Ms. Beyersdorfer said Pennies for Peace funds have never been used to buy books written by Mr. Mortenson. When asked what financial information she could provide to allay educators’ concerns that schoolchildren’s money was not well spent, she referred Education Week to “field reports” in an online publication of the institute, “Journey of Hope.”
The most recent “Journey of Hope” report [PDF] says that by November 2010, the institute had established or significantly supported more than 170 schools in Afghanistan and Pakistan. But the report provides more detailed information only about several of the schools, and tells what it cost to build and run only one of them.
Ms. Beyersdorfer included a statement that is part of the institute’s standard response to inquiries about how it handled donations: “The CAI board of directors and senior management team have determined that a very thorough, transparent, and objective assessment of CAI’s programs and operations is needed, and we are taking steps to define that process and begin.”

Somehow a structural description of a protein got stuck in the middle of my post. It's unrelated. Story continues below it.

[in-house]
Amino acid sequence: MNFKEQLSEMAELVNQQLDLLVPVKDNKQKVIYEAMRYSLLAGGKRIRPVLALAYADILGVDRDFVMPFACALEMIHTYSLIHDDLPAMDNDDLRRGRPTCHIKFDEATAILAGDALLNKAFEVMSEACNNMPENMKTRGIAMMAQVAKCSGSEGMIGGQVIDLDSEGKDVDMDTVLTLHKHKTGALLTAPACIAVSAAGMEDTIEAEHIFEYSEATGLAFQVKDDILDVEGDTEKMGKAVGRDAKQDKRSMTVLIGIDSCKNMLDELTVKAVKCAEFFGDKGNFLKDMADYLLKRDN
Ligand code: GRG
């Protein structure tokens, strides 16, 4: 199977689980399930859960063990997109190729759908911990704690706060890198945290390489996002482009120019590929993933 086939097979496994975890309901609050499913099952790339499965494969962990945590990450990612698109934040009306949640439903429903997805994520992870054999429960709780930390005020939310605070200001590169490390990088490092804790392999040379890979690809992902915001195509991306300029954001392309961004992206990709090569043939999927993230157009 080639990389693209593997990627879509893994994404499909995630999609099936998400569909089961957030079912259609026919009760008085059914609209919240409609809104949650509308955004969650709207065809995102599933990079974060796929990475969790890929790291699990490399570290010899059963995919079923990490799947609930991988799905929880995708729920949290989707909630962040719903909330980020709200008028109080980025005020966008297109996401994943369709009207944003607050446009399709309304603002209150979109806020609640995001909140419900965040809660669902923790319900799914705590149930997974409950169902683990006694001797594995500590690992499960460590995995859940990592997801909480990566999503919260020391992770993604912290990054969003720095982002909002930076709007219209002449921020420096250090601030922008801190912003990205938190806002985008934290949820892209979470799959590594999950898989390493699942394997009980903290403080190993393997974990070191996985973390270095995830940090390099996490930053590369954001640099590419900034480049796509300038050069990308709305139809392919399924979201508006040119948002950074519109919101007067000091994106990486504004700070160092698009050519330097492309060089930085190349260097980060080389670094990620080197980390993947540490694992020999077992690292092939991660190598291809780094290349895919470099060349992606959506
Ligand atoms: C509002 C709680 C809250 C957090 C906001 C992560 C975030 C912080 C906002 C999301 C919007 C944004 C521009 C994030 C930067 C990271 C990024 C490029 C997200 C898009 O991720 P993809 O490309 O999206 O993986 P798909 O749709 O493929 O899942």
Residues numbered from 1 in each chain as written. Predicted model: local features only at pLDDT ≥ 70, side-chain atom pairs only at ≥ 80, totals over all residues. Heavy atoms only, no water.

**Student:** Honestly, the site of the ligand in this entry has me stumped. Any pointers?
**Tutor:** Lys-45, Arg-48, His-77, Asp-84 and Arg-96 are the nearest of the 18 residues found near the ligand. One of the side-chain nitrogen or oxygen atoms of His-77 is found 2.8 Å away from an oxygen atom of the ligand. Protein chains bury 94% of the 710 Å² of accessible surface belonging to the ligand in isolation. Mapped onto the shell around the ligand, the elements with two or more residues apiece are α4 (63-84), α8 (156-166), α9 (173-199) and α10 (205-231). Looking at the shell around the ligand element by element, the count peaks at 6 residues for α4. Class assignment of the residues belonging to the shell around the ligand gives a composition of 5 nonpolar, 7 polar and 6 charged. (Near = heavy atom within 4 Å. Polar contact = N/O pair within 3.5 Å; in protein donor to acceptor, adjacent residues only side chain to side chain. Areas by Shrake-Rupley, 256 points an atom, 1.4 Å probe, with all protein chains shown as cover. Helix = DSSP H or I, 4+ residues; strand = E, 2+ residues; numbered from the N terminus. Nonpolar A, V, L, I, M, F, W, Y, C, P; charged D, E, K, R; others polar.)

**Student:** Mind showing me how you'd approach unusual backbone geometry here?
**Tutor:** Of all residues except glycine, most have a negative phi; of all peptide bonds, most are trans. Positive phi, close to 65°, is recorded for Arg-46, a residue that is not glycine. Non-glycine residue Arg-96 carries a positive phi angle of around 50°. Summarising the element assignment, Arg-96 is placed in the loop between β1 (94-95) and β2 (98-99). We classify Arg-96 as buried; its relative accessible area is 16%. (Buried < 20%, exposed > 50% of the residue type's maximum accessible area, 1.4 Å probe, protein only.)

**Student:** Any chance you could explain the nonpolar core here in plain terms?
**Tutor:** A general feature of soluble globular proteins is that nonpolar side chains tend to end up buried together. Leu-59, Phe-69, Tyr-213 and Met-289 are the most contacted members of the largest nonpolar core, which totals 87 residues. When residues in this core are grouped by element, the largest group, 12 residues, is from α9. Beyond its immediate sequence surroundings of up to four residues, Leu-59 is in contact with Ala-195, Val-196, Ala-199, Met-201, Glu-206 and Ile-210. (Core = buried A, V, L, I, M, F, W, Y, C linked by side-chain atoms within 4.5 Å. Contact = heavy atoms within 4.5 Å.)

Montana’s attorney general, Steve Bullock, has launched an inquiry into the operations of the Central Asia Institute. “While looking into this issue, my office will not jump to any conclusions—but we have a responsibility to make sure charitable assets are used for their intended purposes,” he said in a statement.
Mr. Mortenson didn’t grant interviews to “60 Minutes” or to Mr. Krakauer, but he said in a Q&A published April 18 by Outside magazine that inaccuracies in his books are a result partly of the condensing of the time when some events took place.